The bigger unknown is whether allowing the country to go over the fiscal cliff very briefly — mainly as a negotiating technique — would lead to a modest, temporary wobble in the economy, or whether it could, like the fall of Lehman Brothers, spin out of control in ways we aren’t anticipating.
But here’s my larger question: If the country can’t come to an agreement now, when will the prospects be better? The ingredients for a deal are well known, and there are multiple plans and ideas on the table. The American people are focused on this issue, and so are their leaders. The 2012 election is behind us, and there’s only so much time before politicians start focusing on the next one, with all the posturing and politicking upcoming elections bring with them. Would that be a better environment for negotiating a prudent, fair-minded agreement?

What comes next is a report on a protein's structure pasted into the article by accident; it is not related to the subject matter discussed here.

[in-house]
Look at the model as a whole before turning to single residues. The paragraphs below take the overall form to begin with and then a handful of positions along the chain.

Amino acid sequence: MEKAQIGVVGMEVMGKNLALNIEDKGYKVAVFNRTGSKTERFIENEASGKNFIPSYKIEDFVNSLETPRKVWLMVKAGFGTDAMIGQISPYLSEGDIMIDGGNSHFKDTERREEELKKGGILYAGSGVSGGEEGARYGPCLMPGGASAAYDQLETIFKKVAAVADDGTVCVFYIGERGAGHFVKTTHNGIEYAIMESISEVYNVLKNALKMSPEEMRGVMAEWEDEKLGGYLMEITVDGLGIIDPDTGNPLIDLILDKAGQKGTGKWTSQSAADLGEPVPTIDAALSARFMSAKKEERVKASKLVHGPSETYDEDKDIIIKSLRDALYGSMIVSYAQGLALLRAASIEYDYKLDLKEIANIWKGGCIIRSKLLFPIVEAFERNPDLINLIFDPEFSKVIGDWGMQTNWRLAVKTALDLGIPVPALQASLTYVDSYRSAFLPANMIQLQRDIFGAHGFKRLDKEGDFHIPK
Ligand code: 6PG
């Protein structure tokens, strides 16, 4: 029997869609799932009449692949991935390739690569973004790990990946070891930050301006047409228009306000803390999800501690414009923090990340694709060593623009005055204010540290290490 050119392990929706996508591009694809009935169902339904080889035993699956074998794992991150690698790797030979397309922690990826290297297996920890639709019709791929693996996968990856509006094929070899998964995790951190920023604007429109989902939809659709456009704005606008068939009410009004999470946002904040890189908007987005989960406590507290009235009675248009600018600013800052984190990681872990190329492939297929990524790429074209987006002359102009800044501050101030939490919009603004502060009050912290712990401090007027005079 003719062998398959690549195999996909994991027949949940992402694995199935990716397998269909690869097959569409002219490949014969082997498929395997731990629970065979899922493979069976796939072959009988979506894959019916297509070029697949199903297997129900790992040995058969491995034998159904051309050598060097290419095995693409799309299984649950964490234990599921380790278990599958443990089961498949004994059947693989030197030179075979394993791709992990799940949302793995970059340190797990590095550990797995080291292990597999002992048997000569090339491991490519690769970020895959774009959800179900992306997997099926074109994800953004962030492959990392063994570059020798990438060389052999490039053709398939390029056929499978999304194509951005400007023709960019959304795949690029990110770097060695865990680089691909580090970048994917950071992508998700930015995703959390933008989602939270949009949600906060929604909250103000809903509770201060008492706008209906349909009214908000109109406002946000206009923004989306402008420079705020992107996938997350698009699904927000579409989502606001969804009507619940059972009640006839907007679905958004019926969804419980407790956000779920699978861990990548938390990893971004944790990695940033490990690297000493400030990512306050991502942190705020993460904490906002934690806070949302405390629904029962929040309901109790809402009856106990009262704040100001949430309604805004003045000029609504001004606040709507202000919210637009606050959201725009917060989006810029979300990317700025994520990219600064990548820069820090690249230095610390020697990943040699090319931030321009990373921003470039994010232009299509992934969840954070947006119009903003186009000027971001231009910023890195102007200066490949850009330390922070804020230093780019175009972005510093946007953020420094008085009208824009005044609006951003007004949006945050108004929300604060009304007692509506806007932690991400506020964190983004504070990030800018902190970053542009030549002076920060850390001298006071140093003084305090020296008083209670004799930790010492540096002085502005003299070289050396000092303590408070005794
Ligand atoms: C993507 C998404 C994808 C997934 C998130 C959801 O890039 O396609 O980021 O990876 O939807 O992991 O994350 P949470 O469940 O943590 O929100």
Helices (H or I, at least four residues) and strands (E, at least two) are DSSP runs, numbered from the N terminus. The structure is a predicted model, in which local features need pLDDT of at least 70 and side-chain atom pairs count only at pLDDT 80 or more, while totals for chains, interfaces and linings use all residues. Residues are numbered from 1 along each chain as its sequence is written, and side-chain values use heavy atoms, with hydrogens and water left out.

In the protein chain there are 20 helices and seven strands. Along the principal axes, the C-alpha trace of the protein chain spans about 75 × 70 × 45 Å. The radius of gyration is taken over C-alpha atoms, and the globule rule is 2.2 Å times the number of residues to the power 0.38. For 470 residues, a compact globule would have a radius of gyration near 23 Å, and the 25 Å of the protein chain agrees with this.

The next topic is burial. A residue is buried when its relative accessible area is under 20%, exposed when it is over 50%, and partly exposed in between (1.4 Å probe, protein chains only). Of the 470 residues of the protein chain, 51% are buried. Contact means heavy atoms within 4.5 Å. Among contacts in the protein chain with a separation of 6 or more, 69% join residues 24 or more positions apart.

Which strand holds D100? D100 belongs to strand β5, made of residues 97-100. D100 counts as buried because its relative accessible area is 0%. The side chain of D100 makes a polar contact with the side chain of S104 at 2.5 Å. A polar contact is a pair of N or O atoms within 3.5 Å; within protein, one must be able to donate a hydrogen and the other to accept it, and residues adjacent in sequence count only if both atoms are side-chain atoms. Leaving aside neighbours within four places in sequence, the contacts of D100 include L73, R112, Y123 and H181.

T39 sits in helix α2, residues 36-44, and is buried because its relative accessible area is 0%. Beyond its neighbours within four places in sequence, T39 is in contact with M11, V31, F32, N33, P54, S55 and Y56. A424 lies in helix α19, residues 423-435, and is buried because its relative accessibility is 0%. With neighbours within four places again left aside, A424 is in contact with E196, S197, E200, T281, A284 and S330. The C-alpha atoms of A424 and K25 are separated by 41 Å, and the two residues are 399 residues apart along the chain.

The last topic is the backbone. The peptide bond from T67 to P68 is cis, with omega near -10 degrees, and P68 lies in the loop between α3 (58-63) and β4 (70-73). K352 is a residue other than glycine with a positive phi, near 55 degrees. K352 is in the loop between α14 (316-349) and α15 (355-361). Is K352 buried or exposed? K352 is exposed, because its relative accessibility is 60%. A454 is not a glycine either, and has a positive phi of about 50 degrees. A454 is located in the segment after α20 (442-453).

The stakes here are high, and pushing the problem down the road raises them. Suppose the calculation that the economy can withstand a brief plunge over the fiscal cliff turns out to be wrong. Then we’ll have to confront our budget problems in a recessionary economy, not a recovering one. And then, our choices will be even more painful.
So that’s my question: If not now, when?
Jean Johnson is a senior fellow and special adviser for Public Agenda. She has authored several books as well as a series of guides published by Harper Collins designed to help citizens understand complex public policy issues, all written with Public Agenda senior fellow Scott Bittle, including Where Does the Money Go? Your Guided Tour to the Federal Budget Crisis.